Sunday, November 08, 2009

"I cannot remember a more misleading statement than Mr Eric Russell Bentley’s in the Spring Number of the Kenyon Review, 1945: ‘The potentialities of the talking screen differ from those of the silent screen in adding the dimension of dialogue—which could be poetry.’ I would suggest: ‘The potentialities of the talking screen differ from those of the silent screen in integrating visible movement with dialogue which, therefore, had better not be poetry.' "

Erwin Panofsky, Style and Medium in the Motion Pictures
And earlier in the same essay
"Today there is no denying that narrative films are not only 'art'—not often good art, to be sure, but this applies to other media aswell—but also, besides architecture, cartooning and 'commercial design,' the only visual art entirely alive...

In the beginning, then, there were the straight recordings of movement no matter what moved, viz., the prehistoric ancestorsof our 'documentaries'; and, soon after, the early narratives, viz.,the prehistoric ancestors of our 'feature films.' The craving for a narrative element could be satisfied only by borrowing from older arts, and one should expect that the natural thing would have been, to borrow from the theater, a theater play being apparently the genus proximum to a narrative film in that it consists of a narrative enacted by persons that move. But in reality the imitation of stage performances was a comparatively late and thoroughly frustrated development. What happened at the start was a very different thing. Instead of imitating a theatrical performance already endowed with a certain amount of motion, the earliest films added movement to works of art originally stationary, so that the dazzling technical invention might achieve a triumph of its own without in-truding upon the sphere of higher culture. The living language,which is always right, has endorsed this sensible choice when it still speaks of a 'moving picture' or, simply, a 'picture,' instead of accepting the pretentious and fundamentally erroneous 'screenplay.' "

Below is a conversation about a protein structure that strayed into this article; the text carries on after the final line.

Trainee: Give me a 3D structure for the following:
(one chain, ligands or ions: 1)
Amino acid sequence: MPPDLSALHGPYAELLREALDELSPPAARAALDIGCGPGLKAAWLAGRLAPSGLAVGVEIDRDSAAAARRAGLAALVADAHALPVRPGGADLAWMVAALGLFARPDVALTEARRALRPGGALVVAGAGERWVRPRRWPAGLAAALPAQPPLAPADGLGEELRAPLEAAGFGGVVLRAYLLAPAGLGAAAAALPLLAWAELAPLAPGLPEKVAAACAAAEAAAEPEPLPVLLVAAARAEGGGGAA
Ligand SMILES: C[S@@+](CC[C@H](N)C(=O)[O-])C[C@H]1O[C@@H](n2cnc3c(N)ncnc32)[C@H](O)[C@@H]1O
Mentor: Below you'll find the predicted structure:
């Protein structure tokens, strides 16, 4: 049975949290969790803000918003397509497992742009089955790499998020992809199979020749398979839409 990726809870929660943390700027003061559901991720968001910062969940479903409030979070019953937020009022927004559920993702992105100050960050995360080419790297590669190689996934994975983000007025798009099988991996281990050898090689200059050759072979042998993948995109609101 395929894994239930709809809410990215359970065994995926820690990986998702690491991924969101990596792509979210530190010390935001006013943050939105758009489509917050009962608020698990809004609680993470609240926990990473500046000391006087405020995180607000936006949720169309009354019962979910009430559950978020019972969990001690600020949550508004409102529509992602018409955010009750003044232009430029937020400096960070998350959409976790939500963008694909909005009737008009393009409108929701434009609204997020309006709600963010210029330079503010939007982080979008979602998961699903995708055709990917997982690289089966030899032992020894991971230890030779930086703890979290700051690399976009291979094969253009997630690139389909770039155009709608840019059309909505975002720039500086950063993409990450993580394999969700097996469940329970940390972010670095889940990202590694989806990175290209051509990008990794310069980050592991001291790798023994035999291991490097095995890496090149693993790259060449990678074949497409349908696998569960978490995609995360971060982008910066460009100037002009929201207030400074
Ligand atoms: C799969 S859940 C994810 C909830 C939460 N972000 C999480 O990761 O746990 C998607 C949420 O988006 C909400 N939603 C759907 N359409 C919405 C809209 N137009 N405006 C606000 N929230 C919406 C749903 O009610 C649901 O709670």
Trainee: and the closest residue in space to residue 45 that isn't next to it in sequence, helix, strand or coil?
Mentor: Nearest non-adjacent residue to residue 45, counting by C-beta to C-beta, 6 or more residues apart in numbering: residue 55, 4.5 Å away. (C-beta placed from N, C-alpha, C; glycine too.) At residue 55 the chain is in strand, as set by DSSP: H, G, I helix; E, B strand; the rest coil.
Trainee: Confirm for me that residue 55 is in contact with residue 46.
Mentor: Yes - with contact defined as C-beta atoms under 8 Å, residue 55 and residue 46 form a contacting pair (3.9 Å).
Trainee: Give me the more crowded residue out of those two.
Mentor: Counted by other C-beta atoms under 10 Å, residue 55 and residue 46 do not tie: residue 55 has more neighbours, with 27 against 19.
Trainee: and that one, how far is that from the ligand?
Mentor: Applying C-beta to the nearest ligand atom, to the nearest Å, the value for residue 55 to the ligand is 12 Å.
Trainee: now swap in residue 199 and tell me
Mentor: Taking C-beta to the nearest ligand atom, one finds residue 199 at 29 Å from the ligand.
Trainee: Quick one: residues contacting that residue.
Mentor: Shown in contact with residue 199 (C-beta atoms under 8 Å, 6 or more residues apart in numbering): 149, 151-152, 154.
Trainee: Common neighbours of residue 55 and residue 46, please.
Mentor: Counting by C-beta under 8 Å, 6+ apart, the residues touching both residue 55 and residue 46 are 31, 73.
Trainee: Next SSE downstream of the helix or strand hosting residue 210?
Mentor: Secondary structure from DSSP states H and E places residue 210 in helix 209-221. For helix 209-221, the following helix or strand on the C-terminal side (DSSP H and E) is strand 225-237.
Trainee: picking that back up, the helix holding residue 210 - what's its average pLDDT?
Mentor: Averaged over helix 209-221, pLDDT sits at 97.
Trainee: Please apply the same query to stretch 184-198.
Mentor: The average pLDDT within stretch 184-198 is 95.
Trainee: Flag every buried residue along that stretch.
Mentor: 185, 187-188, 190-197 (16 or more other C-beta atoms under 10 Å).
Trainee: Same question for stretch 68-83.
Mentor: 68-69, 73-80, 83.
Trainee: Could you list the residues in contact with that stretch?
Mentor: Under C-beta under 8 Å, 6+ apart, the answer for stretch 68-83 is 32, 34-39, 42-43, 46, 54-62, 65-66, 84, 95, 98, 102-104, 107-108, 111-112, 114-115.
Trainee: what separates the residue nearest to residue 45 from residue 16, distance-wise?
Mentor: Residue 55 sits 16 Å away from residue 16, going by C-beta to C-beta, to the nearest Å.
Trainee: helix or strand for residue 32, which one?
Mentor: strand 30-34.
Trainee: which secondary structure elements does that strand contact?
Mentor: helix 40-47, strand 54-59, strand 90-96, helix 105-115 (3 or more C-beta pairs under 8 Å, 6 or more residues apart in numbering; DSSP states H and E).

Brilliant, brilliant, man.

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